Second Peter is an exciting passage. Peter had come a long way from the days of a short-tempered fisherman who denied the knowledge of Christ. Peter was now an Apostle, a church leader. Empowered by the Holy Spirit, called for a purpose, delivering the Gospel amid newly blurred racial lines, and working in miracles, Peter writes this general epistle. In this letter, Peter writes of false teachers, deceptive lies, and how “those who have received a faith of the same kind as ours” (2 Peter 1:1) should defend themselves against such attacks.
Chapter three begins with a call to remembrance. Humankind has such a short memory. When things happen that cause us grief, and then everything returns to “normal,” or maybe just a little bit better than before, we tend to forget the history, or the root problem, that led us to trouble in the first place. Peter reminds us of the prophets and tells of scoffers who will say, “Show me proof!” (v. 3-4)
Next, Peter states, “that by the word of God, the heavens were of old, and the earth standing out of the water and in the water: Whereby the world that then was, being overflowed with water, perished:” (v. 5-6) When God spoke, when the word of God formed the earth, creation birthed dry ground from the waters. Regarding Noah and his legacy, the flood shows creation purging itself from evil. The waters overflowed the world, and the flood cleansed the world.
Verse seven declares, “But the heavens and the earth, now, by the same word, are kept in store, reserved unto fire against the day of judgment and perdition of ungodly men.” When I was a boy, in the Cold War era, we were taught of the massive nuclear war that this verse referred to and how many times over the nations of the world could destroy themselves. God gave his “bow” as a promise to never again destroy the world by water (Genesis 9:13), but fire is reserved for the day of judgment. In the light of utter destruction, Peter encourages all in verse nine, “The Lord is not slack concerning his promise, as some men count slackness; but is long-suffering to us-ward, not willing that any should perish, but that all should come to repentance.”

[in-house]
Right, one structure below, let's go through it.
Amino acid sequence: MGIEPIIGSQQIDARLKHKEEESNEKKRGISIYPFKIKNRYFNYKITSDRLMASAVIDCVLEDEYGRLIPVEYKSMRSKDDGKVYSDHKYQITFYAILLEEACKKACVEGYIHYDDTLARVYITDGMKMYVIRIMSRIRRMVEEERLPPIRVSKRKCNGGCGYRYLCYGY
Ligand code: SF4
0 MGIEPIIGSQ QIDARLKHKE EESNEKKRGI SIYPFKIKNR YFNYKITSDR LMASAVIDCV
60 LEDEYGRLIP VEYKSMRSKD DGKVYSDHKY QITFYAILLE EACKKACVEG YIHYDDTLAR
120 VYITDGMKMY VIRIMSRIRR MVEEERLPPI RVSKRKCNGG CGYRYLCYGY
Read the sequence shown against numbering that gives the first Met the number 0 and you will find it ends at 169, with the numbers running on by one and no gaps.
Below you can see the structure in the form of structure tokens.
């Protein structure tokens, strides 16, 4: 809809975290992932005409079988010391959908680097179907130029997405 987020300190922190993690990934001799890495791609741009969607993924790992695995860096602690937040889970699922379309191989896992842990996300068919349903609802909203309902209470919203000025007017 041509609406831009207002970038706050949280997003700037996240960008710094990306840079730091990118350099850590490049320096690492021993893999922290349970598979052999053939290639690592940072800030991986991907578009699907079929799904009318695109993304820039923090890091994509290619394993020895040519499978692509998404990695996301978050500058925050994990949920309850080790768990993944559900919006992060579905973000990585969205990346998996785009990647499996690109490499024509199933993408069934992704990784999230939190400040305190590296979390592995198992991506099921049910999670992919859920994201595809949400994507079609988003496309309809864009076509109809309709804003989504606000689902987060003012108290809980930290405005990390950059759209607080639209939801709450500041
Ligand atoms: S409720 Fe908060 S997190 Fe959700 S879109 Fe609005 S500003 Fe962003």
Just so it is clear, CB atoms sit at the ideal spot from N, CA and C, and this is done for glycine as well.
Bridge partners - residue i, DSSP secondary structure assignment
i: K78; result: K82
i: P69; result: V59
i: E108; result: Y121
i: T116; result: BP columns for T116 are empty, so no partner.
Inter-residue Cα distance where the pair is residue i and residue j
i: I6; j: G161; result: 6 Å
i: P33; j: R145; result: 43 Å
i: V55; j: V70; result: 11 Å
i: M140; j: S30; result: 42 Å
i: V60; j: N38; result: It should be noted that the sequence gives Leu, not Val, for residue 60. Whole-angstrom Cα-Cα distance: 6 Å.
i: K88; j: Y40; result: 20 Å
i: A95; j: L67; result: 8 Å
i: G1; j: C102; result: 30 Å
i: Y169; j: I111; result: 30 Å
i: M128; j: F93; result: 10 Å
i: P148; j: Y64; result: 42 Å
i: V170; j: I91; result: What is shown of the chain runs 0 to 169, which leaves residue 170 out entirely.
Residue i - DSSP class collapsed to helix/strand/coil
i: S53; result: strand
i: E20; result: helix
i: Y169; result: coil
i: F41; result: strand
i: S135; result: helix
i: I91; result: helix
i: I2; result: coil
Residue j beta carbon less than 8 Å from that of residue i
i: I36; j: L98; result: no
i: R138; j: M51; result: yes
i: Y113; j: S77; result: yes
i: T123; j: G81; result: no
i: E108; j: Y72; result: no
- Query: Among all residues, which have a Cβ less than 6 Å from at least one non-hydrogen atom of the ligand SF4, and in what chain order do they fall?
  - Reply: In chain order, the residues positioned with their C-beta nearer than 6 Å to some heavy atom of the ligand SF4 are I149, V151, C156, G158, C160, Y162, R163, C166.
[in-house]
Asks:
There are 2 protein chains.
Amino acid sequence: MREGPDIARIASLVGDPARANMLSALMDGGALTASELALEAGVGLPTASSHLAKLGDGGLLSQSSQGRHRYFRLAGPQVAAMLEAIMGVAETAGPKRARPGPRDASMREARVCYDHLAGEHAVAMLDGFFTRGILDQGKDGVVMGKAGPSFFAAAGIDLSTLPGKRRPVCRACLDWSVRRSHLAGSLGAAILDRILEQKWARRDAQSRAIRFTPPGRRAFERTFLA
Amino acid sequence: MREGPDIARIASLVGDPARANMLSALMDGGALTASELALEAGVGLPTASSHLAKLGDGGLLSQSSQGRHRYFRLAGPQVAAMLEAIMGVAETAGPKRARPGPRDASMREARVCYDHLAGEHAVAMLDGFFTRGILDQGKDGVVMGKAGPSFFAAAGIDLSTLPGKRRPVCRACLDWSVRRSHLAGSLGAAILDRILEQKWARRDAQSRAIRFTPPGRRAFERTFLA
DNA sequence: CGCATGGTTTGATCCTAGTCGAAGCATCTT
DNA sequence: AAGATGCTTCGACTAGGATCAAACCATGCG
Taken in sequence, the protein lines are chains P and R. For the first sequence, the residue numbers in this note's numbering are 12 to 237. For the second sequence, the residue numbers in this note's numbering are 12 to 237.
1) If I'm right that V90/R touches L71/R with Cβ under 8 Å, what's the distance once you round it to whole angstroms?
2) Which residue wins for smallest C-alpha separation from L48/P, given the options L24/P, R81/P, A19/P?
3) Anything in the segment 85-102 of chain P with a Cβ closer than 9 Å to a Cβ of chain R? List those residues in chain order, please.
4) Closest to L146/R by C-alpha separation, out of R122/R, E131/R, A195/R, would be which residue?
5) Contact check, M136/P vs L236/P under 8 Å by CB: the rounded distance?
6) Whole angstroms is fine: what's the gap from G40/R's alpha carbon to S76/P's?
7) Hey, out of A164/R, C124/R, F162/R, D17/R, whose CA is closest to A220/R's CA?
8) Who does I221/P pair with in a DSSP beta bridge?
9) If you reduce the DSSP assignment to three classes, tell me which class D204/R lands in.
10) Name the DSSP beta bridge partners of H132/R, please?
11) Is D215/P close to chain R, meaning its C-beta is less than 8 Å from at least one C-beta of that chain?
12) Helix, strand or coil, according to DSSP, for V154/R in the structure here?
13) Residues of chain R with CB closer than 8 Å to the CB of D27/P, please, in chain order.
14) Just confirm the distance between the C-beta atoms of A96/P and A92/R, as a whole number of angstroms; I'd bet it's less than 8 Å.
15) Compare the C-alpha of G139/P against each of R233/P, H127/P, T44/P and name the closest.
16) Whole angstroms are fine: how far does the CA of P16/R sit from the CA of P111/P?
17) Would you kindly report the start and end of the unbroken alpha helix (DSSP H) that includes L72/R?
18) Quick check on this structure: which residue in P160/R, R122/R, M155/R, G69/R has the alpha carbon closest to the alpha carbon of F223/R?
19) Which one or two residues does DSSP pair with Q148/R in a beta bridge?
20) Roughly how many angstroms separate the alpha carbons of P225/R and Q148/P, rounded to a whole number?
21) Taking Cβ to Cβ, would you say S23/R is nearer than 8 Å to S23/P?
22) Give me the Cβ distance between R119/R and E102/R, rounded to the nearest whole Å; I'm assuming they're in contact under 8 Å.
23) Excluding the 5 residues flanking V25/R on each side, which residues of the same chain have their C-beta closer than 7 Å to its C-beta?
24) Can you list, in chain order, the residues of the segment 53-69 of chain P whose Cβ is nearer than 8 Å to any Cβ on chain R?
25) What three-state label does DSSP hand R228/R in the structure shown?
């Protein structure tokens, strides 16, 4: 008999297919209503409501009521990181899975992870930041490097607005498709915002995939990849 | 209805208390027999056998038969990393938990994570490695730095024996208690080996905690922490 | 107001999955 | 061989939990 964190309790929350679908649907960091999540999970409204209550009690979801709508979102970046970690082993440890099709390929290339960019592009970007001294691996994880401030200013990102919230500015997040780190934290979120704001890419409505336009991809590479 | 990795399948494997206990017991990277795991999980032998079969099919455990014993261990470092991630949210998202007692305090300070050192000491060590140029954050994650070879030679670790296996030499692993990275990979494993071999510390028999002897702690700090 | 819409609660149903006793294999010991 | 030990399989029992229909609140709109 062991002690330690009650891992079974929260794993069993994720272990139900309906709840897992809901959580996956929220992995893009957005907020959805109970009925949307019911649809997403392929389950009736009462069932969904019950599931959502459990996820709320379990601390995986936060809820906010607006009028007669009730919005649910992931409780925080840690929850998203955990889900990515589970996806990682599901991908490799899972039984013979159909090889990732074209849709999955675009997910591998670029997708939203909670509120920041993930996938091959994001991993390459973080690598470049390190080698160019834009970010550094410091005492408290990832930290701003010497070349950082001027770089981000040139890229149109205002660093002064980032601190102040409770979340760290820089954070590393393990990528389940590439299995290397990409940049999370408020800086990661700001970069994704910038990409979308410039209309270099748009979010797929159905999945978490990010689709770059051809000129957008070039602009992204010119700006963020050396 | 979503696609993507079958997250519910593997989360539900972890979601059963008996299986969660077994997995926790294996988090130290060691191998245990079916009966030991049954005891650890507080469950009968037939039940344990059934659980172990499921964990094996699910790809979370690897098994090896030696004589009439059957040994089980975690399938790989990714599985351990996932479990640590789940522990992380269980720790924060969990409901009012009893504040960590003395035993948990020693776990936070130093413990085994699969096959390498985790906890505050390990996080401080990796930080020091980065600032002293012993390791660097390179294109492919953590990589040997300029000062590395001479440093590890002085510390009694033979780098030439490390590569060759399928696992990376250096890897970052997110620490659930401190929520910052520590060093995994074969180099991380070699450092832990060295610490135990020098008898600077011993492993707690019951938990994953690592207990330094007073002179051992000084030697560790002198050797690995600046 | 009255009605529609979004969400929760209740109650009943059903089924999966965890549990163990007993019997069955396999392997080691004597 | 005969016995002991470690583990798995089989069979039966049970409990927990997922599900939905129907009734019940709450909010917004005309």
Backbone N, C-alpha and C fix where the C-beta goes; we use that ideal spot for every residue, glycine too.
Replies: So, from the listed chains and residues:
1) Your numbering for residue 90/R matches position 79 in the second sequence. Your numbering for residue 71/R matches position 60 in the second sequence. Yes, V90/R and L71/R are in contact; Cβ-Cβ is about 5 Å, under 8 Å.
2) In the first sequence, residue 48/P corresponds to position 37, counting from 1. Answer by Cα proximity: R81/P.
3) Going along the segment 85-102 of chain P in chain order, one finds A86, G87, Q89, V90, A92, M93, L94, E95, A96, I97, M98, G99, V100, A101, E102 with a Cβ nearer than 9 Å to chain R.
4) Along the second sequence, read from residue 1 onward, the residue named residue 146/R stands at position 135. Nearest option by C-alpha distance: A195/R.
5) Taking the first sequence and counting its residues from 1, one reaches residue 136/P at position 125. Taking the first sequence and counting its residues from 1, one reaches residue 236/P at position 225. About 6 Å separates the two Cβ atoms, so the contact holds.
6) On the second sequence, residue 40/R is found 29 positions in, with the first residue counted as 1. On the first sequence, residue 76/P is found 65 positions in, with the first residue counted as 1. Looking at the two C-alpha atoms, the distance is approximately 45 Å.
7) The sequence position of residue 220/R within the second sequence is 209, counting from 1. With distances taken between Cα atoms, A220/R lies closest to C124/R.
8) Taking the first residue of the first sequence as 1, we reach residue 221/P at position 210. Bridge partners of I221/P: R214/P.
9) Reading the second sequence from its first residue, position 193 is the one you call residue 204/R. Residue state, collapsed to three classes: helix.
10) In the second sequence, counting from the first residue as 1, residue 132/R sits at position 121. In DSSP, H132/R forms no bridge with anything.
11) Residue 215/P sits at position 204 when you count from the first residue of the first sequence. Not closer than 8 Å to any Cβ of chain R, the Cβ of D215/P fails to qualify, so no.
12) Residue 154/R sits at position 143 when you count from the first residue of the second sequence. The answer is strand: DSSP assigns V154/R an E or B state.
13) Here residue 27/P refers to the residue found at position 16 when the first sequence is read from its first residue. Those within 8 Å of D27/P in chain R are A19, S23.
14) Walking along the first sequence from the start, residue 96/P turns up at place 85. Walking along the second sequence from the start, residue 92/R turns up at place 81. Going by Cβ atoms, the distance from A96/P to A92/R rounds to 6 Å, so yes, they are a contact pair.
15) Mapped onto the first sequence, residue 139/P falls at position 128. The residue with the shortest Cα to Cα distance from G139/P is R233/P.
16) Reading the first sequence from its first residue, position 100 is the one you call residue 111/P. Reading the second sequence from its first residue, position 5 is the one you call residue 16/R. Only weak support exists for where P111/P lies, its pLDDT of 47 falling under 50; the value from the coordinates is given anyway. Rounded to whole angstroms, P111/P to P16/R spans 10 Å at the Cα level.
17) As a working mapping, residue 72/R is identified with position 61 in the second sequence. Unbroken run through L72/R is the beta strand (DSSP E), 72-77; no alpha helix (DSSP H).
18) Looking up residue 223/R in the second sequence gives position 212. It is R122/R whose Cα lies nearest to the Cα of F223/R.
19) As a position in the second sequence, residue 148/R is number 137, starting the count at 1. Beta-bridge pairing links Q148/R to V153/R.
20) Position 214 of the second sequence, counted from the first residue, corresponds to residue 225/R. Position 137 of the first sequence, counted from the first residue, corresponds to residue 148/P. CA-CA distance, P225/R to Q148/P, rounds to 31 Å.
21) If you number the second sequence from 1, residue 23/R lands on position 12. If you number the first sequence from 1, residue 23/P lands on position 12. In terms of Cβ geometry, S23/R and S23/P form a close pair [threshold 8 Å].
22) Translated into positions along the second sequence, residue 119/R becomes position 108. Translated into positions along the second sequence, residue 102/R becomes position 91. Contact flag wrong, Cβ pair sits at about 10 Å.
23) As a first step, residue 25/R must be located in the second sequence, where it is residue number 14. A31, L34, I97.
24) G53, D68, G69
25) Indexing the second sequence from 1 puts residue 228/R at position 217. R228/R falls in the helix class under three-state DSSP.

Verses 10 through 12 describe this fervent heat in more detail, “But the day of the Lord will come as a thief in the night; in the which the heavens shall pass away with a great noise, and the elements shall melt with fervent heat, the earth also and the works that are therein shall be burned up. Seeing then that all these things shall be dissolved, what manner of persons ought ye to be in all holy conversation and godliness, Looking for and hasting unto the coming of the day of God, wherein the heavens being on fire shall be dissolved, and the elements shall melt with fervent heat?”
Fire is mentioned several times in the New Testament. John states, “he that cometh after me shall baptize you with the Holy Ghost, and with fire:” (Matthew 3:11). The outpouring on the day of Pentecost was accompanied by “cloven tongues like as of fire, and it sat upon each of them.” (Act 2:3) James 5:16 reads, “The effectual fervent prayer of a righteous man availeth much.” Old Testament examples include Abraham taking Isaac and fire to a mountaintop to worship and heat being the catalyst to purify silver.
2 Peter 3:13 says, “Nevertheless we, according to his promise, look for new heavens and a new earth, wherein dwelleth righteousness.” I am not reading too much into this, but the thought occurred to me: what if the destruction of the world by fire is actually in a spiritual sense? Fire was not mentioned among those things God spoke into existence during creation week. Could it be that through this covenant fire, God would purge His creation of worldliness? The supernatural love and compassion that Christ has for us beckons all to repentance. (v. 9) The elements, earth, and works therein shall be burned up. (v. 10) Continuing in 2 Peter, in the above verse 13 has us looking for the promise of a righteous heaven and earth. The church of the only living God should be optimistic that our prayers and baptism of fire can cleanse this world of wickedness. We can see the condition of this world while those around us brush it off as “not affecting me.”
We see in Hebrews 1226-29, “But now he hath promised, saying, Yet once more I shake not the earth only, but also heaven. And this word, Yet once more, signifieth the removing of those things that are shaken, as of things that are made, that those things which cannot be shaken may remain. Wherefore we receiving a kingdom which cannot be moved, let us have grace, whereby we may serve God acceptably with reverence and godly fear: For our God is a consuming fire.” Once again, the word of God (a consuming fire) removes those things that can be shaken, and we receive a kingdom that cannot be moved.
The scripture that debunks this newly-formed thought: “And others save with fear, pulling them out of the fire;” (Jude 1:23). According to Jude, the fires of destruction are a place that people should fear. I warned you not to read too much into it. Nevertheless, we should look up and share the hope in us with everyone we come in contact with. This attitude-adjustment will brighten our world, and those who may have been scoffers will gravitate to the Jesus shining through you. The Bible states that there will be a judgment. Thanks be to God that I am not the Judge. We are fishers of men, which means we will reel them in and let God decide from there with mercy and peace that surpasses our understanding.